Characterizing Extracellular Vesicles and Particles Derived from Skeletal Muscle Myoblasts and Myotubes and the Effect of Acute Contractile Activity
Bydak, Benjamin, Taiana M. Pierdoná, Samira Seif, Karim Sidhom, Patience O. Obi, Hagar I. Labouta, Joseph W. Gordon, and Ayesha Saleem. 2022. “Characterizing Extracellular Vesicles and Particles Derived from Skeletal Muscle Myoblasts and Myotubes and the Effect of Acute Contractile Activity.” Membranes 12 (5): 464. https://doi.org/10.3390/membranes12050464.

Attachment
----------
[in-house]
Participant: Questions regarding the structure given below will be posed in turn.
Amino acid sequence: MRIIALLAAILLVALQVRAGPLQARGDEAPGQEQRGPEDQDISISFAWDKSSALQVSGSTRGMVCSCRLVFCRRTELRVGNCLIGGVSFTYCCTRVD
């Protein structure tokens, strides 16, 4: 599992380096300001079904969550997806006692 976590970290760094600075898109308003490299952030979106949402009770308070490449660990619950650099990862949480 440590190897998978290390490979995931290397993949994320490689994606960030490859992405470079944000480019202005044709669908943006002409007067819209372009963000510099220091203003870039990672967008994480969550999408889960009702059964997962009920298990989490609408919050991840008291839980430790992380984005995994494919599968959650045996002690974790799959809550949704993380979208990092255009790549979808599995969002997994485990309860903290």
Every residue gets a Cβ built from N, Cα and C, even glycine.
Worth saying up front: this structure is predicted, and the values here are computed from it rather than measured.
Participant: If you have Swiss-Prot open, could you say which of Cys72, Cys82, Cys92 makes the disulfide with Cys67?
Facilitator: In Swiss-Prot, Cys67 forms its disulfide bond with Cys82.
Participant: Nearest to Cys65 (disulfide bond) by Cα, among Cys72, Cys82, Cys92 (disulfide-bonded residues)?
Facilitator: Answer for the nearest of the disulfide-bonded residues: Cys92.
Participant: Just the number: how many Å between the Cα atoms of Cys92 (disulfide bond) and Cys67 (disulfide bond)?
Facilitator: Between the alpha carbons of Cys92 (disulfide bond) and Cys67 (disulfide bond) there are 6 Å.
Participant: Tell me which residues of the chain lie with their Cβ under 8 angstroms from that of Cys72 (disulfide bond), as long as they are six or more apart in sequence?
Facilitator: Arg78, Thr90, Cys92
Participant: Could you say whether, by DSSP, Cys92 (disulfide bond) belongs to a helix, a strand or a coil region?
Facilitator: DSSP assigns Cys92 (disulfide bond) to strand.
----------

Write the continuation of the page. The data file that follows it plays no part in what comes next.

Extracellular vesicles (EVs), released from all cells, are essential to cellular communication and contain biomolecular cargo that can affect recipient cell function. Studies on the effects of contractile activity (exercise) on EVs usually rely on plasma/serum-based assessments, which contain EVs from many different cells. To specifically characterize skeletal muscle–derived vesicles and the effect of acute contractile activity, we used an in vitro model where C2C12 mouse myoblasts were differentiated to form myotubes. EVs were isolated from conditioned media from muscle cells at pre-differentiation (myoblasts) and post-differentiation (myotubes) and also from acutely stimulated myotubes (1 h @ 14 V, C-Pace EM, IonOptix, Westwood, MA, USA) using total exosome isolation reagent (TEI, ThermoFisher (Waltham, MA, USA), referred to as extracellular particles [EPs]) and differential ultracentrifugation (dUC; EVs). Myotube-EPs (~98 nm) were 41% smaller than myoblast-EPs (~167 nm, p < 0.001, n = 8–10). Two-way ANOVA showed a significant main effect for the size distribution of myotube vs. myoblast-EPs (p < 0.01, n = 10–13). In comparison, myoblast-EPs displayed a bimodal size distribution profile with peaks at <200 nm and 400–600, whereas myotube-Eps were largely 50–300 nm in size. Total protein yield from myotube-EPs was nearly 15-fold higher than from the myoblast-EPs, (p < 0.001 n = 6–9). Similar biophysical characteristics were observed when EVs were isolated using dUC: myotube-EVs (~195 nm) remained 41% smaller in average size than myoblast-EVs (~330 nm, p = 0.07, n = 4–6) and had comparable size distribution profiles to EPs isolated via TEI. Myotube-EVs also had 4.7-fold higher protein yield vs. myoblast EVs (p < 0.05, n = 4–6). Myotube-EPs exhibited significantly decreased expression of exosomal marker proteins TSG101, CD63, ALIX and CD81 compared with myoblast-EPs (p < 0.05, n = 7–12). Conversely, microvesicle marker ARF6 and lipoprotein marker APO-A1 were only found in the myotube-EPs (p < 0.05, n = 4–12). There was no effect of acute stimulation on myotube-EP biophysical characteristics (n = 7) or on the expression of TSG101, ARF6 or CD81 (n = 5–6). Myoblasts treated with control or acute stimulation–derived EPs (13 g/well) for 48 h and 72 h showed no changes in mitochondrial mass (MitoTracker Red, ThermoFisher,Waltham, MA, USA), cell viability or cell count (n = 3–4). Myoblasts treated with EP-depleted media (72 h) exhibited ~90% lower cell counts (p < 0.01, n = 3). Our data show that EVs differed in size, distribution, protein yield and expression of subtype markers pre vs. post skeletal muscle–differentiation into myotubes. There was no effect of acute stimulation on biophysical profile or protein markers in EPs. Acute stimulation–derived EPs did not alter mitochondrial mass or cell count/viability. Further investigation into the effects ofchronic contractile activity on the biophysical characteristics and cargo of skeletal muscle–specific EVs are warranted.View full article